Iceland Sets up World's Largest Air-Scrubbing Machines, but Environmental Impact Is Unclear

A new facility by direct air capture company Climeworks in Iceland is now the most significant plant of its kind in the world. However, questions are being raised about its effectiveness.

Orca, a new geothermal power plant near Reykjavik, Iceland, will capture around 4,000 metric tons of carbon dioxide per year. In the process known as direct air capture, carbon dioxide is sucked from the atmosphere and stored underground, emitting cleaner air as a result. Within a few years, Climeworks estimated that the carbon dioxide will harden and turn into stone.

According to the International Energy Agency, direct air capture plants globally remove around 9,000 tons of carbon dioxide per year.

However, critics said the addition of Orca still might not be enough. According to the Associated Press, experts said that 10 billion tons of CO2 would have to be removed from the air annually for the effects of climate change to begin reversing.

"We have already failed on climate to the extent to which direct air capture is one of the many things we must do," said Julio Friedmann, a senior research scholar at the Center on Global Energy Policy at Columbia University. "We have already emitted so many greenhouse gases at such an incredible volume and rate that CO2 removal at enormous scales is required, as well as reduction of emissions."

Climeworks is currently aiming to remove several million metric tons of carbon dioxide from the air by 2030.

For more reporting from the Associated Press, see below:

Direct Air Capture
Climeworks factory with it's fans in front of the collector, drawing in ambient air and release it, as largely purified CO2 through ventilators at the back is seen at the Hellisheidi power plant near Reykjavik on October 11. Fans in front of the collector draw in ambient air and release it, largely purified of CO2, through ventilators at the back. Photo by Halldoor Kolbeins/AFP via Getty Images

"Effectively, in 30 years' time, we need a worldwide enterprise that is twice as big as the oil and gas industry, and that works in reverse," said Friedmann.

Leading scientific agencies including the United Nations Intergovernmental Panel on Climate Change said that even if the world manages to stop producing harmful emissions, that still won't be enough to avert a climate catastrophe. They said we need to suck massive amounts of carbon dioxide out of the air and put it back underground—yielding what some call "negative emissions."

As dire warnings have accelerated, technology to vacuum carbon dioxide from the air has advanced. Currently, a handful of companies operate such plants on a commercial scale, including Climeworks, which built the Orca plant in Iceland, and Carbon Engineering, which built a different type of direct air capture plant in British Columbia. And now that the technology has been proven, both companies have ambitions for major expansion.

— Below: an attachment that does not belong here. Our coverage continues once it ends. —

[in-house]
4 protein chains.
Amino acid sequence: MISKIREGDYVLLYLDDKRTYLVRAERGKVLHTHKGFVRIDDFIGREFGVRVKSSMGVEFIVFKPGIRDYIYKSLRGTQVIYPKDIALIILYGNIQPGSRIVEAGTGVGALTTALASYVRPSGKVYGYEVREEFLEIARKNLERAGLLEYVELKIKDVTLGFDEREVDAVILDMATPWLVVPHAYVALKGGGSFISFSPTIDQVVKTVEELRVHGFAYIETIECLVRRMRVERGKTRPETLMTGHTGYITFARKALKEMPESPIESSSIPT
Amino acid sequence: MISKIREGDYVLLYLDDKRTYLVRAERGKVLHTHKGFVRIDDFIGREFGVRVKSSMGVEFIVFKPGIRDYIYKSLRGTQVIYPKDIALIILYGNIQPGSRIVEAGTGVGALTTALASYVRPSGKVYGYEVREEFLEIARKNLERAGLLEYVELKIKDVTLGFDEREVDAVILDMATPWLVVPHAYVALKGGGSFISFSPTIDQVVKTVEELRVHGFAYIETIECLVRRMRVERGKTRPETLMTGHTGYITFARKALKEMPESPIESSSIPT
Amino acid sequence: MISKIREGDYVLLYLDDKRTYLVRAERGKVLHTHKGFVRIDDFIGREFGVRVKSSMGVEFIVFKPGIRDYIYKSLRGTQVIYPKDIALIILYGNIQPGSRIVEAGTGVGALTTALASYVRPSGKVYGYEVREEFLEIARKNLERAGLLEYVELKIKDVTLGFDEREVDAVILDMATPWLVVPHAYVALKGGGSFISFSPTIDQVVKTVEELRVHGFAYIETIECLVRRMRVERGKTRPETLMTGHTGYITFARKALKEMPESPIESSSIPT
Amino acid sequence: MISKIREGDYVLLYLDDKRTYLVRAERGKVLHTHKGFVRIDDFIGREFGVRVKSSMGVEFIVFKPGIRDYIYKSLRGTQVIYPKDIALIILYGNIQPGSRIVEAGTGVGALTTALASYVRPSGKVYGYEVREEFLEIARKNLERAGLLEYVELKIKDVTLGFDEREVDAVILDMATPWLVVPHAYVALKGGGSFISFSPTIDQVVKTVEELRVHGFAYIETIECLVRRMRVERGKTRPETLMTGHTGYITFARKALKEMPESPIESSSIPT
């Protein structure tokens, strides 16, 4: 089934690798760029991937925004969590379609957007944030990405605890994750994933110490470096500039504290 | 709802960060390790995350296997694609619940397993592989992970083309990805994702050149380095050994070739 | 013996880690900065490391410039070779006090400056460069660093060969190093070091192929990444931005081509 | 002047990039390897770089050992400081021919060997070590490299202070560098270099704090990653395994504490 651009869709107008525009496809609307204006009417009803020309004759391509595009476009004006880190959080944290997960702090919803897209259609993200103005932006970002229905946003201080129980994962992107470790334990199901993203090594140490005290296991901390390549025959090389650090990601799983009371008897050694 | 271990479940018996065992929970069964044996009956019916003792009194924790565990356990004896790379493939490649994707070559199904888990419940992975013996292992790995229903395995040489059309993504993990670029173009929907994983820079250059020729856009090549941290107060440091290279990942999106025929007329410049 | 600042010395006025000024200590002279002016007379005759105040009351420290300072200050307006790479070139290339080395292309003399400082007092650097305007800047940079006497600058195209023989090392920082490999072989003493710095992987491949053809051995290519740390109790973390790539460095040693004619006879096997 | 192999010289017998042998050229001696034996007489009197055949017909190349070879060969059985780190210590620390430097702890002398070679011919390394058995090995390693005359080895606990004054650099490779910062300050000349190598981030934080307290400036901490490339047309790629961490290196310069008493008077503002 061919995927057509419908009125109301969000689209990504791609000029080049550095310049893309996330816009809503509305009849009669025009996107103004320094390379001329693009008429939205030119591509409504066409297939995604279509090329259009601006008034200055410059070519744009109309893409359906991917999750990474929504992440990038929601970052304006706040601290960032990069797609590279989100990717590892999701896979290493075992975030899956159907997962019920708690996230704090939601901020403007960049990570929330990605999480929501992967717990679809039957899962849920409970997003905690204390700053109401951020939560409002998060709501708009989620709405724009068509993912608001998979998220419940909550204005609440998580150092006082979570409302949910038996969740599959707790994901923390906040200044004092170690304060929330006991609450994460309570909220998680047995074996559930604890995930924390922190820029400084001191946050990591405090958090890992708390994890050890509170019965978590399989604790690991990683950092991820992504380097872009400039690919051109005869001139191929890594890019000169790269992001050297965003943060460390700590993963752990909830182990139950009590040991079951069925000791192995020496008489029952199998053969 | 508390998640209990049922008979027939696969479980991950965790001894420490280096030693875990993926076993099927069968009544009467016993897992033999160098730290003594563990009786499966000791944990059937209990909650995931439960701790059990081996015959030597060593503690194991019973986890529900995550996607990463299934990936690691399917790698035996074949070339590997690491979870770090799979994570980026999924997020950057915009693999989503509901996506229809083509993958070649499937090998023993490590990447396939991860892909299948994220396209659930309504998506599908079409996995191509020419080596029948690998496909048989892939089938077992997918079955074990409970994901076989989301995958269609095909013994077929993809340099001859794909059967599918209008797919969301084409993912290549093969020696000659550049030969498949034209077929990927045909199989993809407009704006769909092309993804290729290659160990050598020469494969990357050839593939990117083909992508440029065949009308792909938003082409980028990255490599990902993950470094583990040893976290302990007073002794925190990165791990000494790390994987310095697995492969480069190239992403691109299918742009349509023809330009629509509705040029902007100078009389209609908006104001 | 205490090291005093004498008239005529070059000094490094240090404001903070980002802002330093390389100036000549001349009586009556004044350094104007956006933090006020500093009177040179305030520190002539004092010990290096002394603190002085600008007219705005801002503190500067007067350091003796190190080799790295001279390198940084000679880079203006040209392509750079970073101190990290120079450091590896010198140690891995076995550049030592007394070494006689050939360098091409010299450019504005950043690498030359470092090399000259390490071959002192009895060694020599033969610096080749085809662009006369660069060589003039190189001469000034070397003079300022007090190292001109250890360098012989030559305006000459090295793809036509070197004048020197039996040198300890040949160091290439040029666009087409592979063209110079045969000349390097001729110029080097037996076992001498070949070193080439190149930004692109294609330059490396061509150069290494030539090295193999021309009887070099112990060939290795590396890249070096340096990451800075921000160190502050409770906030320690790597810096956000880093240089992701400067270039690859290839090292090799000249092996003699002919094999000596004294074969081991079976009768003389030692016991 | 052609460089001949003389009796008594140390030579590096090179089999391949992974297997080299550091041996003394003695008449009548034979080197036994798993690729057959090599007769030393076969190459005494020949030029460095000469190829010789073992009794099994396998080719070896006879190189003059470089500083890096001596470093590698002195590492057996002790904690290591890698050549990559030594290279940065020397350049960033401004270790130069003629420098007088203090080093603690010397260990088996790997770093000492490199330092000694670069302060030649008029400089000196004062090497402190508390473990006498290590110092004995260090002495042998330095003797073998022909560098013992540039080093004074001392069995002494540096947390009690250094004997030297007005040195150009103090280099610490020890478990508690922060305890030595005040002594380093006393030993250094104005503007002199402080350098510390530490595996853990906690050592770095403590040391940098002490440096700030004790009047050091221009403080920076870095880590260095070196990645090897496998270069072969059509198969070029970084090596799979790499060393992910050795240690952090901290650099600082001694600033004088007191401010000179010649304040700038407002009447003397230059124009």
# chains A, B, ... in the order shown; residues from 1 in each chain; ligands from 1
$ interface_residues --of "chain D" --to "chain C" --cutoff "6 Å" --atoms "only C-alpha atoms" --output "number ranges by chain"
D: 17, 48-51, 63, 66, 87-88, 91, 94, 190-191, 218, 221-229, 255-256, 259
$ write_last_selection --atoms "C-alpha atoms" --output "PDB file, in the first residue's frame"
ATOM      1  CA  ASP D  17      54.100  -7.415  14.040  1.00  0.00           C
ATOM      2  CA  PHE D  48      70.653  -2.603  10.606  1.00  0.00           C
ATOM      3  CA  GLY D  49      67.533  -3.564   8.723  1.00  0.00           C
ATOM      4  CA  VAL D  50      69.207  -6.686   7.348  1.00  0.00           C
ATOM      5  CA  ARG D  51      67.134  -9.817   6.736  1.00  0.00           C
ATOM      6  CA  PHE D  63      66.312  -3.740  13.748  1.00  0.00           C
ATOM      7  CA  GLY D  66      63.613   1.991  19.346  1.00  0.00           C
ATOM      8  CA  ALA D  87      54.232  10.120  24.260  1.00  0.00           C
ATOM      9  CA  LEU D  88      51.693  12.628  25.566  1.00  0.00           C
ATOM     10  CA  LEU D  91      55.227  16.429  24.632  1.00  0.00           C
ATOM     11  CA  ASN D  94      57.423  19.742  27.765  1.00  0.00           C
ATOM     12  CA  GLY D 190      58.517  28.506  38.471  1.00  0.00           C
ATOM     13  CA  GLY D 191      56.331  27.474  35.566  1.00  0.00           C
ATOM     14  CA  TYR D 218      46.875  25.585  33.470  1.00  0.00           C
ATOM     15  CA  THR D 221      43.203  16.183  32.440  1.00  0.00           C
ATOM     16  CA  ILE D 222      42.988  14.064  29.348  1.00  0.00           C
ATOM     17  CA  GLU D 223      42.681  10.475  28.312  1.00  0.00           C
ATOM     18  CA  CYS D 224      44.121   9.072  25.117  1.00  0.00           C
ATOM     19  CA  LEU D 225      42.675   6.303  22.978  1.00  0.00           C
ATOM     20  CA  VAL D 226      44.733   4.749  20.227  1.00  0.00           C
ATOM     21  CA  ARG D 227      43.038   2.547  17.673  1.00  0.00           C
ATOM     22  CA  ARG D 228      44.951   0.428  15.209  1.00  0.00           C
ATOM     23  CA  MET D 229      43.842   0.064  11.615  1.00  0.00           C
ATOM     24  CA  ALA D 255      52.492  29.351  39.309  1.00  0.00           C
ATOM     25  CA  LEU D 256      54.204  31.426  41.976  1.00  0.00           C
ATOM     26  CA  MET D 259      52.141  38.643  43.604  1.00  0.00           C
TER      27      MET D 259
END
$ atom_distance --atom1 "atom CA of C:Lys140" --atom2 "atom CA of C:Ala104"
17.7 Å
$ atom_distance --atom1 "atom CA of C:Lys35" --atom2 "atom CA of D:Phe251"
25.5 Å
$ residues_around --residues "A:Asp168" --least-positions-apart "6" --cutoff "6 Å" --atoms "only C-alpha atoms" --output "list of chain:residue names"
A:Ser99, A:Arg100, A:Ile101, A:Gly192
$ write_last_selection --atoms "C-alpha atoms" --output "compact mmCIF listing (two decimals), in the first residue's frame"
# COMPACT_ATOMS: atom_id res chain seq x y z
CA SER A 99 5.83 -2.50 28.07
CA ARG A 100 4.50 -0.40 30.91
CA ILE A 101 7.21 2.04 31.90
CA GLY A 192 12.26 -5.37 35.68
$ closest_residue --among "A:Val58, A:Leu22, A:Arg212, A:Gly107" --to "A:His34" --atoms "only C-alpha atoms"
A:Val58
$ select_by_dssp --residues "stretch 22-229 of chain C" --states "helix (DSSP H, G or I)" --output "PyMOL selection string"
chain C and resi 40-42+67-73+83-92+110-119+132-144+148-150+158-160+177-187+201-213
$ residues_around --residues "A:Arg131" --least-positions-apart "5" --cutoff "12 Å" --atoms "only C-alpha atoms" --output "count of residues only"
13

Climeworks built its first direct air capture plant in 2017 in Hinwil, Switzerland, which captured 900 metric tons of carbon dioxide annually that was sold to companies for use in fizzy beverages and fertilizer. The company built another plant, called Arctic Fox, in Iceland that same year; it captured up to 50 metric tons of carbon dioxide annually that was injected underground.

Estimates vary, but it currently costs about $500 to $600 per ton to remove carbon dioxide using direct air capture, said Colin McCormick, chief innovation officer at Carbon Direct, which invests in carbon removal projects and advises businesses on buying such services.

"This is really exploding. We really didn't see hardly any of this until a couple of years ago," he said, referring to companies investing in the technology. "Two years ago Microsoft, Stripe and Shopify were really the leaders on this who first went out and said, 'We want to procure carbon dioxide removal from the atmosphere.'"

Oil companies such as Occidental and Exxon have been practicing a different form of carbon capture for decades. For the most part, they are taking carbon dioxide emissions from production facilities and injecting it underground to shake loose more oil and gas from between rocks.

Some question the environmental benefits of using captured CO2 to produce more fossil fuels that are eventually burned, producing greenhouse gases. But Occidental said part of the goal is to make products such as aviation fuel with a smaller carbon footprint—since while producing the fuel, they're also removing carbon dioxide from the air and storing it underground.

Worldwide, industrial facilities capturing carbon dioxide from their operations had a combined capacity to capture 40 million tons annually, triple the amount in 2010, according to the International Energy Agency.

Climeworks Plant
The Iceland plant, called Orca, is the largest such facility in the world, capturing about 4,000 metric tons of carbon dioxide per year. This undated image provided by Climeworks AG shows a geothermal power plant near Reykjavik, Iceland. Arni Saeberg/Climeworks AG via AP